(AFP) – Sep 26, 2008
TANG KHATA, Pakistan (AFP) — Pakistan said Friday that troops have killed 1,000 Islamist militants in a huge offensive, a day after President Asif Ali Zardari lashed out at US forces over a clash on the Afghan border.
Five top Al-Qaeda and Taliban commanders were among those killed in a month-long operation in Bajaur, currently the most troubled of Pakistan's unstable tribal areas along the porous frontier, a top official said.
But in a further sign of the instability gripping Pakistan since the bombing of the Marriott Hotel in Islamabad last weekend, three suicide bombers blew themselves up in a shootout with police in Karachi.
Separately, six people, including three children, were killed when a bomb derailed a passenger train near the central city of Bahawalpur, a railways official said.
Reporters were flown by helicopter to Khar, the main town in restive Bajaur, for a briefing on the military operation launched in August against Islamist militants who had taken control of most of the region.
"The overall toll is over 1,000 militants," said Tariq Khan, inspector general of the paramilitary Frontier Corps, adding that 27 soldiers had also been killed in the fighting.
"This is a centre of gravity for the militants," Khan told journalists. "If they lose here they lose everything."
Of the five militant commanders killed, four appeared to be foreigners: Egyptian Abu Saeed Al-Masri; Abu Suleiman, an Arab; an Uzbek commander named Mullah Mansoor; and an Afghan commander called Manaras.
The fifth was a Pakistani commander named only Abdullah, a son of ageing hardline leader Maulvi Faqir Mohammad who is based in Bajaur and has close ties to Al-Qaeda second-in-command Ayman al-Zawahiri.
Bajaur, which borders the Afghan province of Kunar, has seen some of the fiercest fighting between Pakistani forces and Islamist militants since former military ruler Pervez Musharraf joined the US-led "war on terror" in 2001.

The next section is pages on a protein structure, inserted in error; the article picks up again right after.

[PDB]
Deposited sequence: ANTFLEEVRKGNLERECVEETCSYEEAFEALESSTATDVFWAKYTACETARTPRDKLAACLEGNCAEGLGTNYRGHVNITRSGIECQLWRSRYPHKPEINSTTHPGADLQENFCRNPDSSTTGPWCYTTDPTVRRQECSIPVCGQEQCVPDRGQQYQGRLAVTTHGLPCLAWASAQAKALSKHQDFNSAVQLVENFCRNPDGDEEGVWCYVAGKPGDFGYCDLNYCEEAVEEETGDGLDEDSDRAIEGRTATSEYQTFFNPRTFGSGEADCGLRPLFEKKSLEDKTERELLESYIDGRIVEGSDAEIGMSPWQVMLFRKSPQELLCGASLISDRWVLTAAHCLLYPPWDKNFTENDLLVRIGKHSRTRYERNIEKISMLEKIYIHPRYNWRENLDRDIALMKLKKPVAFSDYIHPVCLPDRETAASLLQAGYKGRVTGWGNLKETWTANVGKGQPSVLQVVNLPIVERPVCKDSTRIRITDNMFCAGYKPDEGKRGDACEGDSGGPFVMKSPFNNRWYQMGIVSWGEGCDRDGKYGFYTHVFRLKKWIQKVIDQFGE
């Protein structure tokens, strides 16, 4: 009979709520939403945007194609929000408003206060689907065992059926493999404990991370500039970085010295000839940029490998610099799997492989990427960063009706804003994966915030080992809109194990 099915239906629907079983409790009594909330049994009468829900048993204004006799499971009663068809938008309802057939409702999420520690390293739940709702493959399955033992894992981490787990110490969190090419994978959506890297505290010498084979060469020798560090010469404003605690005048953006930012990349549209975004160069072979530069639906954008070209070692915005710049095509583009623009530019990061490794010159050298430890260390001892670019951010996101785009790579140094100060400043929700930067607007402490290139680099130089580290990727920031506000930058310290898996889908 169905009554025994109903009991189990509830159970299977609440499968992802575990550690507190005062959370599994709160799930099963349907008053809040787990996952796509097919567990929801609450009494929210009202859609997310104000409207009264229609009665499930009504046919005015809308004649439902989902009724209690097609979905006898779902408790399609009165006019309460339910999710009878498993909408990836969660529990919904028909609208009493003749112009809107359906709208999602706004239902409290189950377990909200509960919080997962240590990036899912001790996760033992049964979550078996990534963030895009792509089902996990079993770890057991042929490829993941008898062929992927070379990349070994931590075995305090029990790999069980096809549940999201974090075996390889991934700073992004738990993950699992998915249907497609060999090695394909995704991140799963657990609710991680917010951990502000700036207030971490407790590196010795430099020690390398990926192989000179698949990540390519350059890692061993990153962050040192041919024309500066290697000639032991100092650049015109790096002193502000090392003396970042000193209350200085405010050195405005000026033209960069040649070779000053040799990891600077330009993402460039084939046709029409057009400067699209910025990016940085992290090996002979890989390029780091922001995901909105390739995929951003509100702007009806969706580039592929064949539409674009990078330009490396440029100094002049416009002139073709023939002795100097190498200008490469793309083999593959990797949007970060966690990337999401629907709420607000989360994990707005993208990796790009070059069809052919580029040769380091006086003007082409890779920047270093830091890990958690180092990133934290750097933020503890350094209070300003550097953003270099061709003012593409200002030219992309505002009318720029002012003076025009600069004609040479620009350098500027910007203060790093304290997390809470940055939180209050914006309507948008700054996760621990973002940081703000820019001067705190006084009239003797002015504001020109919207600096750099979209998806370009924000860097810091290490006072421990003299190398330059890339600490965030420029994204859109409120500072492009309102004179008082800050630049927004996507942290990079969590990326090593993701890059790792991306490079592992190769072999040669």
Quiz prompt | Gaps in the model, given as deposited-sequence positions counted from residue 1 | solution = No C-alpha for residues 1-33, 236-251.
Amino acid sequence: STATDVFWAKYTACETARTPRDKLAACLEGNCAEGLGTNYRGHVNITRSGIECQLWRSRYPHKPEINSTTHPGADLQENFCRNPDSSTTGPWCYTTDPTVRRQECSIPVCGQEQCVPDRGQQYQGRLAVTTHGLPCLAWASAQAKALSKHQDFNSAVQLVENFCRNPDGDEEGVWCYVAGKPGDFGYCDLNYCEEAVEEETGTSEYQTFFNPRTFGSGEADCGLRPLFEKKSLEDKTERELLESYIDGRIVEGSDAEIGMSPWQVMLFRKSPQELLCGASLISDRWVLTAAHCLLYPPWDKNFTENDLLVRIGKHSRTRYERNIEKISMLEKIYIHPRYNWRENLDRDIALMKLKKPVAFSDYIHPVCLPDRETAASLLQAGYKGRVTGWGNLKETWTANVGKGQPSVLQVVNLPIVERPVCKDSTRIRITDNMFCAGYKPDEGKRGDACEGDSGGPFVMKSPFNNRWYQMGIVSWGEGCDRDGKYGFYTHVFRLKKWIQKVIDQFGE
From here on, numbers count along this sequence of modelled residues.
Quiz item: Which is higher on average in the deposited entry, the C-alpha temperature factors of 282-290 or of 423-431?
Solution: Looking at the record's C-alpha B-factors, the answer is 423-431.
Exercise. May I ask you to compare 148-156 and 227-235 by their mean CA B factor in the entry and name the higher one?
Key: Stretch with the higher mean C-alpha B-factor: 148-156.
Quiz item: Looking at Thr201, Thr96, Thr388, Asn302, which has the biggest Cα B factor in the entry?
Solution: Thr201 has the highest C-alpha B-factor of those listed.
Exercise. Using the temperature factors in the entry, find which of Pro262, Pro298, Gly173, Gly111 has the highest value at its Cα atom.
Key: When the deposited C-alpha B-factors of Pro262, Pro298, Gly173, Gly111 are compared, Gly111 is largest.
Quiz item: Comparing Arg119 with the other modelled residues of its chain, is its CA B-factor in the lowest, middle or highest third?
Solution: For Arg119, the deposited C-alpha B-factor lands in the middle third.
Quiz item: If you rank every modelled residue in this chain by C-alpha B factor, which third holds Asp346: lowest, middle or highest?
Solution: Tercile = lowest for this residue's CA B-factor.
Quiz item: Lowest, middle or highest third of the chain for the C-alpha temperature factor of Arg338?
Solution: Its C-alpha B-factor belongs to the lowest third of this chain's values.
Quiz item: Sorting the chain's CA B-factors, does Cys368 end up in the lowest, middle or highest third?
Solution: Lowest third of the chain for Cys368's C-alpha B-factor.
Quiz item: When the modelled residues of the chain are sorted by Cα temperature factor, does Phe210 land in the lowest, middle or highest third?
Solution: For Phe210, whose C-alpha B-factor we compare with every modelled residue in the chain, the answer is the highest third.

The operation came in response to international pressure on Pakistan's new civilian government, which ousted Musharraf last month, to prevent Pakistan-based militants from launching attacks in Afghanistan.
But tensions have escalated with Washington since a September 3 ground attack by US forces inside Pakistan, the first of its kind since 2001, left about 15 people dead.
Following an exchange of gunfire between US and Pakistani forces on the frontier on Thursday, new President Zardari told the United Nations that Pakistan would not tolerate violations of its sovereignty, even by its allies.
The incident happened after two US military helicopters came under fire from the Pakistani side, a US military spokesman said, insisting that they had been about a mile and a half inside Afghanistan.
The Pakistani military said its troops had fired warning shots at two helicopters which were "well within Pakistani territory."
"Just as we will not let Pakistani's territory to be used by terrorists for attacks against our people and our neighbours, we cannot allow our territory and our sovereignty to be violated by our friends," he said, without citing the United States or the border flareup.
Chairman of the US joint chiefs of staff Admiral Michael Mullen later Friday sought to ease tensions with Pakistan, saying, "Now more than ever is a time for teamwork, for calm."
Meanwhile, in Karachi, Pakistan's biggest city, three militants detonated suicide vests when police raided their hideout on a tip-off from a captured rebel, police said.
"We have saved Karachi from death and destruction. We know who they were and what was their target in Karachi, but we cannot disclose it immediately," provincial police chief Babar Khattak told AFP.
The incident came less than a week after the suicide truck bomb attack on the Islamabad Marriott, one of the worst attacks in Pakistan's history, which left 53 dead and more than 260 wounded.
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